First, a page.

One great technique from design thinking is the reframe.
This is where you figure out how to solve a problem through a new understanding of the problem's context. If you're stuck finding a solution, change the problem. And not just change it, but get a whole new understanding of it.
At the end of 2016, we were really struggling to improve Subnautica's showpiece submarine, the Cyclops. It drove like a bus compared the Mini Cooper like Seamoth. But more than just the handling, its gameplay was really lacking a purpose.
We had long considered its main purpose was as a gate - there was no other way to get to the deeper depths required to beat the game. But driving a clunky bus for hours at a time just to surpass a gate was tedious. We had already built the world with this pacing in mind and already released it, so we didn't want to rework the basics it or remove it entirely. But we knew there must be a way to make it a nicer experience.
We also had these big creatures that we wanted players to be scared of. But how were players supposed to react? We had already decided to make a non-combat game, so fighting was off the table. So that left us with...running away? Where's the fun in that?
One of our programmers (Scott Thunelius) and I were trying to figure out how to get ourselves out of this mess. First we took a step back to get inspired from the great submarine films. We loved this tense waiting ambience in Hunt for Red October:
And who could forget this scene from U-571, where the crew turns off their submarines engines to evade a torpedo. They are sitting in the dark, far from the surface, and virtually holding their breath, hoping that they don't die in the next few moments:
These clips gave us the seeds of thinking about the Cyclops in a totally new way.
Our old way of thinking was "make the Cyclops fun and gameplay-rich". In Subnautica terms, that meant gating, challenge, resource management and some timing. We also wanted player skill to be an element.
Our new way suddenly became "make the Cyclops a tense and delicious experience". In Subnautica terms, that meant feeling scared, hearing ominous sonar pings, hearing and seeing creatures through the observation window, and hiding in the dark. Suddenly, we could make the player feel hunted.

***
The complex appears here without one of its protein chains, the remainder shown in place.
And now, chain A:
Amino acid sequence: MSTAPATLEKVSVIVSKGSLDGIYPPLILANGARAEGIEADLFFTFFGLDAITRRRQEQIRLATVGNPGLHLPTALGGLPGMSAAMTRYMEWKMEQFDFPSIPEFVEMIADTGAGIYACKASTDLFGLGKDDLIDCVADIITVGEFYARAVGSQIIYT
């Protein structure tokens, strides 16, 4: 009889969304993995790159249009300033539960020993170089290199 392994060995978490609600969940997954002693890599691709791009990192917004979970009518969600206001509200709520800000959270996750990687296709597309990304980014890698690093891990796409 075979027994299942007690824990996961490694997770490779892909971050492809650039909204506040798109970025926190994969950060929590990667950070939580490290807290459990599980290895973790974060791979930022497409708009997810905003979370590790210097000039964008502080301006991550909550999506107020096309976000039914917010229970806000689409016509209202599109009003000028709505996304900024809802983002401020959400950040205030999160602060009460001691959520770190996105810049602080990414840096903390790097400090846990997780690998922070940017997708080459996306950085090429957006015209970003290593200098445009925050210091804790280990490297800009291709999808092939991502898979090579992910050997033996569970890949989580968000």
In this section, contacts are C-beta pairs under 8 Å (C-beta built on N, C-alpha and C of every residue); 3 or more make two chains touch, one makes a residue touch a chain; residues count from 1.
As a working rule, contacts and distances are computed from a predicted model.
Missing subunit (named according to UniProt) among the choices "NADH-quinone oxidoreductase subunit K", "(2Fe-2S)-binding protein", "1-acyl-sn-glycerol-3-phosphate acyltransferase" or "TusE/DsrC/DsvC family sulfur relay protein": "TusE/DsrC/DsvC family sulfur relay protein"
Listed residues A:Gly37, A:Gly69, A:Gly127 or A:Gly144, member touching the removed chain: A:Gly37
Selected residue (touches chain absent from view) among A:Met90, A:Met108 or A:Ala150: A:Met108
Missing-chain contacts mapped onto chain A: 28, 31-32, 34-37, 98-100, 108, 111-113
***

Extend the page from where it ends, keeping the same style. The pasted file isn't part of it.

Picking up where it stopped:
Once we started thinking of the Cyclops as facilitating an experience, instead of gameplay, the design suddenly started falling into place.
The new Cyclops
Instead of making the submarine handle better, we changed the most terrifying creatures to be drawn to sound, which meant you now had to be quiet to avoid attacks. We gave the sub different speed modes, including a "silent running" mode, which let it move relatively silently, but slowly. We let you turn the various cabin and headlights on and off, which saved power and let you hide.
We added creature detection, to get those great "ping" vibes from Hunt for Red October (except instead of torpedoes, we have leviathans).
This all gave us a nice speed/noise tradeoff, where you could go fast if you thought there were no dangers nearby, but had you turning off the lights and power, sitting in the dark, hoping you wouldn't be discovered and attacked.
We also added a damage display to make the effect of creature attacks more noticeable and tense:
All these changes worked together to create tension and the feeling of being hunted. Instead of the reflexes and skills around piloting, this shifted completely into you feeling like you were hunted. It became a game of cat and mouse - with you being the mouse.
Here's the final update in action:
I think we could've worked for months trying to make the Cyclops more "fun", but it never would've been as cool as what we ended up with. But we never could've arrived there if we didn't change our understanding of the greater context.
When you feel stuck, see if you can reframe your problem. You might find a better solution. One one that takes minutes, instead of weeks or months.